About half of older patients regularly taking Vioxx or Celebrex for pain also appear to be on aspirin therapy to prevent heart attacks. But that combination could be endangering their health.
Combining the two drugs increases the risk of ulcers and gastrointestinal bleeding.
Even worse, about half the aspirin-takers are further boosting their bleeding risk by using excessive doses of aspirin, a new survey indicates. Doctors recommend 81 milligrams of aspirin a day to protect against heart attack and stroke, but those surveyed frequently used 325-milligram tablets, researchers reported in the June 14 issue of the Archives of Internal Medicine.
Vioxx and Celebrex, members of a class of drugs called COX-2 inhibitors, are relatively expensive pain relievers whose chief advantage over other inflammation-fighters is that they're less likely to cause gastrointestinal bleeding. However, researchers with Express Scripts Inc., a large pharmacy benefit management company in St. Louis, found that many older users of these drugs didn't know that aspirin increased the risk of such bleeding.
In 2001, working from mail-order prescription records, they conducted telephone surveys of 350 long-term adult users of the COX-2 anti-inflammatories. All got their prescription drug coverage through a large employer that had six retirees for every active worker.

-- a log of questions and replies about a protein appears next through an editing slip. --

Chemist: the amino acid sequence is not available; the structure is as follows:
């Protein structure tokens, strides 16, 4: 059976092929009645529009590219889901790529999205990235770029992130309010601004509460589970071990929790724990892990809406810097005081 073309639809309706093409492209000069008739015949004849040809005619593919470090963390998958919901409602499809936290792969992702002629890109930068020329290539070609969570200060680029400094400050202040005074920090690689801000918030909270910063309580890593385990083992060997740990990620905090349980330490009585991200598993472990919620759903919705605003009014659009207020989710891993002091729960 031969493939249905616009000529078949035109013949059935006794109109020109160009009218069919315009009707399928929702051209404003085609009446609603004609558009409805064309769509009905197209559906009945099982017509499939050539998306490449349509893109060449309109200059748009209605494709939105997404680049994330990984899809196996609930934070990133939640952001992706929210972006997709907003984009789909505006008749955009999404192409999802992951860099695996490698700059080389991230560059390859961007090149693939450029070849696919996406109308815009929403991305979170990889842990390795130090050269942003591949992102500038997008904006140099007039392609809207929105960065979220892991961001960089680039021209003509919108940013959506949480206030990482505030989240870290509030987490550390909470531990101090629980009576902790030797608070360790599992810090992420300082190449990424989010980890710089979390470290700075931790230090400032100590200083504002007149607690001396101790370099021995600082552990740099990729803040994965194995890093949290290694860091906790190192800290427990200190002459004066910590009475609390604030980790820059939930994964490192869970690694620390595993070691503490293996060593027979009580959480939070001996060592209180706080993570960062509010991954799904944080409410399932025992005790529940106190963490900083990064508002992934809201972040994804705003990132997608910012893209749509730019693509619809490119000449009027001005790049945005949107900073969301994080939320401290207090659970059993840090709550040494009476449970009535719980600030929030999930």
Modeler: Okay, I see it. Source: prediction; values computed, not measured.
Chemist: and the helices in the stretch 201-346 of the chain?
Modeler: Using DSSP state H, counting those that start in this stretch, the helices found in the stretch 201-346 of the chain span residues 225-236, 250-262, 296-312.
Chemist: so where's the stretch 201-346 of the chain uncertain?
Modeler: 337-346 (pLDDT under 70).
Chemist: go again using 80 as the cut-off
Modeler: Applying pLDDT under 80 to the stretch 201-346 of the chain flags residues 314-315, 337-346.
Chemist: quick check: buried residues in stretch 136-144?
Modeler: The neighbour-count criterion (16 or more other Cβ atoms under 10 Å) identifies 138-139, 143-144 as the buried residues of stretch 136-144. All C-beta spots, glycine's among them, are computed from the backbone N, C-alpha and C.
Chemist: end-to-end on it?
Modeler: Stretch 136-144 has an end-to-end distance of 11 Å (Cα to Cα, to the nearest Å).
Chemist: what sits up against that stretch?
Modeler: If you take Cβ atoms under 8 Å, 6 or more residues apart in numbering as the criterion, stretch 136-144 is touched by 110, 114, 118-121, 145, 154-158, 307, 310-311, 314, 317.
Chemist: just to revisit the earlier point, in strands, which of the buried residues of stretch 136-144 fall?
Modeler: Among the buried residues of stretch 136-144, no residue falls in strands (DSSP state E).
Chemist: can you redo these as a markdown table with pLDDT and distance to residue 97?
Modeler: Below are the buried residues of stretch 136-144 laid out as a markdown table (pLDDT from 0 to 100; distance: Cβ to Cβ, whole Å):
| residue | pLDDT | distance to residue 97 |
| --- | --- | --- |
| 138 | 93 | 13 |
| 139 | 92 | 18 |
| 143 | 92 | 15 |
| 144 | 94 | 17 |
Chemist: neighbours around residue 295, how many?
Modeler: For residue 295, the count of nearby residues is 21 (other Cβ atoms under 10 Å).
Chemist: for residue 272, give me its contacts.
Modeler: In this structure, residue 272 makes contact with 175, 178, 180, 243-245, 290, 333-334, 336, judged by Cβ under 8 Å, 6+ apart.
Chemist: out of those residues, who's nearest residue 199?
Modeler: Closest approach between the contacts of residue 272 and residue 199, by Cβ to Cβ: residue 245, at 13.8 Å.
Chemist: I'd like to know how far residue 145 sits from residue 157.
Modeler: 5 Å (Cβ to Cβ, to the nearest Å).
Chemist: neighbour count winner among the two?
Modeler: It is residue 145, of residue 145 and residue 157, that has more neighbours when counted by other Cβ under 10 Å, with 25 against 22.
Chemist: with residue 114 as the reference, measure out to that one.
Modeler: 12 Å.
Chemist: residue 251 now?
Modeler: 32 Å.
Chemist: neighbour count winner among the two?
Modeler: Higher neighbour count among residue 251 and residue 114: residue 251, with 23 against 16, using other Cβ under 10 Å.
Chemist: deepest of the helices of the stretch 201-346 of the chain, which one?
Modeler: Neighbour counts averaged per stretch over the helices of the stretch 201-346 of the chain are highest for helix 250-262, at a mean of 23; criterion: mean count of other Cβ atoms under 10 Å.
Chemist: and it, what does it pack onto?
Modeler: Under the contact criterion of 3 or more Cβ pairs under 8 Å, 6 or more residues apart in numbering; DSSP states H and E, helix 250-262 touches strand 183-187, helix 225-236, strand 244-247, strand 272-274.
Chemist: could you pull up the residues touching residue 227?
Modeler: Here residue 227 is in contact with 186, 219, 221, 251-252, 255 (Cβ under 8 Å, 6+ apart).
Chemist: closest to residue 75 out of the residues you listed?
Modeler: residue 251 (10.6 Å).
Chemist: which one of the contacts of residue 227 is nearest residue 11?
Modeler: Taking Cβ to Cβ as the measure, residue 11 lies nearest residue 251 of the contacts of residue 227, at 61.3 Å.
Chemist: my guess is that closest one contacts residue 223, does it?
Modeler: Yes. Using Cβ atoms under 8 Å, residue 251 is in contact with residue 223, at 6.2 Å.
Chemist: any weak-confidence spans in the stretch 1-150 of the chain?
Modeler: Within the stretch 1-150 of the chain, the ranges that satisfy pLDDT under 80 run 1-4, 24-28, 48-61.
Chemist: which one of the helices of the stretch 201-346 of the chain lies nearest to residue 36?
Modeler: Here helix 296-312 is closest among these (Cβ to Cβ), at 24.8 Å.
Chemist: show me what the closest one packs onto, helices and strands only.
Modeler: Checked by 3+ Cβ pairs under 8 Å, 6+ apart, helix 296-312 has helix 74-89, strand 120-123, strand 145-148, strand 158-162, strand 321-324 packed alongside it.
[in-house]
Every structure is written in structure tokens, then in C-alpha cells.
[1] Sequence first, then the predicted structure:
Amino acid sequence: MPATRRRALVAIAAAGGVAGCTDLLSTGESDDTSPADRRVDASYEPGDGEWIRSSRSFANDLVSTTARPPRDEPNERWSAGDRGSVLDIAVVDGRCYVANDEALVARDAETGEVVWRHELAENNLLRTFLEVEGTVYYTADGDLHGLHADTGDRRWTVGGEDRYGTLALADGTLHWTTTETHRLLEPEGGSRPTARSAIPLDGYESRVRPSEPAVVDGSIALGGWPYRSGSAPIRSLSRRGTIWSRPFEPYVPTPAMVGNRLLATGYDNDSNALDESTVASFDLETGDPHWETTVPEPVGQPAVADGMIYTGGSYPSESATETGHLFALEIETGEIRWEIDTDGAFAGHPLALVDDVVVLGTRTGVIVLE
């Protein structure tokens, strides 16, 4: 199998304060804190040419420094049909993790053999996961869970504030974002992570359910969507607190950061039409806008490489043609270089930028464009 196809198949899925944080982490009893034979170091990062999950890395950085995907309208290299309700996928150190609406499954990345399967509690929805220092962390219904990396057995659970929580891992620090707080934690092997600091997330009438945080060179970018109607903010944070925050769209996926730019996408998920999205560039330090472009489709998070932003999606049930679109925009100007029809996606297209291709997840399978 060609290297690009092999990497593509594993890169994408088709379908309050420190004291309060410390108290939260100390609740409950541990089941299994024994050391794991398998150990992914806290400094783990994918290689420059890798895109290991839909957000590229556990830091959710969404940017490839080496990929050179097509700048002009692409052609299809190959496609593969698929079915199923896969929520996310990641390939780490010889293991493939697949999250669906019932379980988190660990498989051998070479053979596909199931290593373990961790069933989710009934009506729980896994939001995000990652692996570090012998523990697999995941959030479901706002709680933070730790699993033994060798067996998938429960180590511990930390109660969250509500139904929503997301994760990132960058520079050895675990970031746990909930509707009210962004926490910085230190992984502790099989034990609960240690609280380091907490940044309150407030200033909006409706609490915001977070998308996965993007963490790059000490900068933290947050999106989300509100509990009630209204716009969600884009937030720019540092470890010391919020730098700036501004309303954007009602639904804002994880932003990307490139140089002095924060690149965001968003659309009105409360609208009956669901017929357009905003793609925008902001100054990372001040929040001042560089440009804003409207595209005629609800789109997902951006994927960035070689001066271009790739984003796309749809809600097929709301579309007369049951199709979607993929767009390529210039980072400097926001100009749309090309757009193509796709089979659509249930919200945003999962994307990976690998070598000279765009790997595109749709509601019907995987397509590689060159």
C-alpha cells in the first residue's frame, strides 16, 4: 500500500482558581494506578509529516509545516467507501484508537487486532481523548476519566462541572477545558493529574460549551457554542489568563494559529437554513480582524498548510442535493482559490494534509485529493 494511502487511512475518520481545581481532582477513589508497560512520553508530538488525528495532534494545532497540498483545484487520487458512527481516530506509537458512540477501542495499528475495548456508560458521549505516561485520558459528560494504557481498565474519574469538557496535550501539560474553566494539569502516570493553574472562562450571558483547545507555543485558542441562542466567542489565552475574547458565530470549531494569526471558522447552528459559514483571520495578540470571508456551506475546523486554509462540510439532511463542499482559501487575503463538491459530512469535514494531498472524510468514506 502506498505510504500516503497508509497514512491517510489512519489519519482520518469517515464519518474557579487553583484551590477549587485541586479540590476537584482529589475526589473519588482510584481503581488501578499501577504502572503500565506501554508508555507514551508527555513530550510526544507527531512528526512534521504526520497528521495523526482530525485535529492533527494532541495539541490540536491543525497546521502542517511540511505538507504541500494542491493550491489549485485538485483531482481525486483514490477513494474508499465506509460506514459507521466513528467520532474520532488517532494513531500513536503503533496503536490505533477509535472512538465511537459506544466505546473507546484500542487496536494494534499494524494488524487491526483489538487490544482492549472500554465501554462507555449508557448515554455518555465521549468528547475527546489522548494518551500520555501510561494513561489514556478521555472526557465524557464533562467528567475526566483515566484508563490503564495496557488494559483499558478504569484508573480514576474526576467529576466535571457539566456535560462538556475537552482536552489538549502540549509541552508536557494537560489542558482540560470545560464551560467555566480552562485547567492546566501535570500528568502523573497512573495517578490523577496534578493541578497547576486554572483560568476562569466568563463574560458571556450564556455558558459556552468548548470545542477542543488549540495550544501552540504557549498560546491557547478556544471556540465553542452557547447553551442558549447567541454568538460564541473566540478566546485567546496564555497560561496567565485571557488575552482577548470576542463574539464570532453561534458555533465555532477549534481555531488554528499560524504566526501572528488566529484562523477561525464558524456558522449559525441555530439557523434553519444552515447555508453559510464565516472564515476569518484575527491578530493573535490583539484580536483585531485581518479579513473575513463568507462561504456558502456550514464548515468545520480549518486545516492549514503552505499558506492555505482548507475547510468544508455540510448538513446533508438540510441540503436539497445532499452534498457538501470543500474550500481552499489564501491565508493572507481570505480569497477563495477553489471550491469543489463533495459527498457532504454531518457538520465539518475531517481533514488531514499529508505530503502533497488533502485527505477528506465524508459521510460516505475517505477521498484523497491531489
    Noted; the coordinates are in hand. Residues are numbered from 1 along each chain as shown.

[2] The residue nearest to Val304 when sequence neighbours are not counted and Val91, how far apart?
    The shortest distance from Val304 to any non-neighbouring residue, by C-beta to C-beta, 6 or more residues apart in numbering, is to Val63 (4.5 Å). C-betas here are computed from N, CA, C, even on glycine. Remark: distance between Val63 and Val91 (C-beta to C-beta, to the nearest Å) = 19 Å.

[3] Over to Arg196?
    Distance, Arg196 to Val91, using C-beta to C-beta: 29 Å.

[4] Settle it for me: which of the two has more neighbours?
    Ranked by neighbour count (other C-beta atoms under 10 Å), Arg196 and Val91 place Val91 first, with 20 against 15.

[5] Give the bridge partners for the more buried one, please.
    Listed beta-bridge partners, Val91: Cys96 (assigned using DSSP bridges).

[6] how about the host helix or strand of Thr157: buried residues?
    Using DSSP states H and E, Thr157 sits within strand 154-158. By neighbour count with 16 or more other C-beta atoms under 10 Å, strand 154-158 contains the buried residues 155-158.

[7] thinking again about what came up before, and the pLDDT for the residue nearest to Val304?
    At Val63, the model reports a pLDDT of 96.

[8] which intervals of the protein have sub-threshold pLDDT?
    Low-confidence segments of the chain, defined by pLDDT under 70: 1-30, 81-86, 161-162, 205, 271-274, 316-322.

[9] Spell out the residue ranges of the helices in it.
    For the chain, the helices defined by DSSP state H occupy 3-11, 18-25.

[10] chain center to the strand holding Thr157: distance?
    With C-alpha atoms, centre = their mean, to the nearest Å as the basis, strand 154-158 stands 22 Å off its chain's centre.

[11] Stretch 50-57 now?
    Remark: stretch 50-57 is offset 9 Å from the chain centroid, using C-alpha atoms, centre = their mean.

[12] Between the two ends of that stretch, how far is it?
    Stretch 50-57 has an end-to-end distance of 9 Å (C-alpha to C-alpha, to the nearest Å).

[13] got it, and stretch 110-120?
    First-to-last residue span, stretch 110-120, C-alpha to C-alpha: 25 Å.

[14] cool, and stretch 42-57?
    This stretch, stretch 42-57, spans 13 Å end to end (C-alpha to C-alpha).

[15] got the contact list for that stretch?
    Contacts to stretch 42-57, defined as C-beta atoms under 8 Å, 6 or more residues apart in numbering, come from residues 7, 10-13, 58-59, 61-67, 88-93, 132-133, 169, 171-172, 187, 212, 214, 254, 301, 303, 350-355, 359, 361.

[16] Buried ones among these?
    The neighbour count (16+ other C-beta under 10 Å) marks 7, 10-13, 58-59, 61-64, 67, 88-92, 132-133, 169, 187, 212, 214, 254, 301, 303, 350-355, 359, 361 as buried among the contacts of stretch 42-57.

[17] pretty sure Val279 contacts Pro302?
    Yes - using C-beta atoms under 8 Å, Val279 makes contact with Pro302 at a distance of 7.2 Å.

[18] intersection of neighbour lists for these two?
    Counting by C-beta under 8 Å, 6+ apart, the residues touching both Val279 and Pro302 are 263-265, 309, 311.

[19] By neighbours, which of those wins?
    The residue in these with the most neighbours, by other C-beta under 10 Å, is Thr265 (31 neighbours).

Nurses asked how often the Vioxx and Celebrex users also took aspirin, acetaminophen (Tylenol) or two other popular nonsteroidal inflammatory drugs, ibuprofen (Advil) and naproxen sodium (Aleve).
The analysis found that half of those age 56 or older taking Vioxx or Celebrex for arthritis pain also were taking aspirin to prevent heart attacks and strokes. Most used enteric-coated or buffered forms of aspirin, which although designed to be gentler on the stomach may not be gentler in reality, the study authors noted. Half of the aspirin users took excessive doses of up to 325 milligrams, said lead author Emily R. Cox, director of research at Express Scripts.
She suggested that some patients may incorrectly believe that "more is better." Others may opt for higher aspirin doses because they can buy 325-milligrams pills more cheaply than the 81-milligram pills.
Cox said there was a more cost-effective way to relieving arthritis pain while retaining aspirin's cardiovascular benefits. Many patients could replace their COX-2 prescriptions with a lower-cost nonsteroidal anti-inflammatory drug such as Aleve, paired with generic omeprazole (Prilosec) to protect their digestive systems. The Aleve-omeprazole combination costs less than the COX-2 medications alone.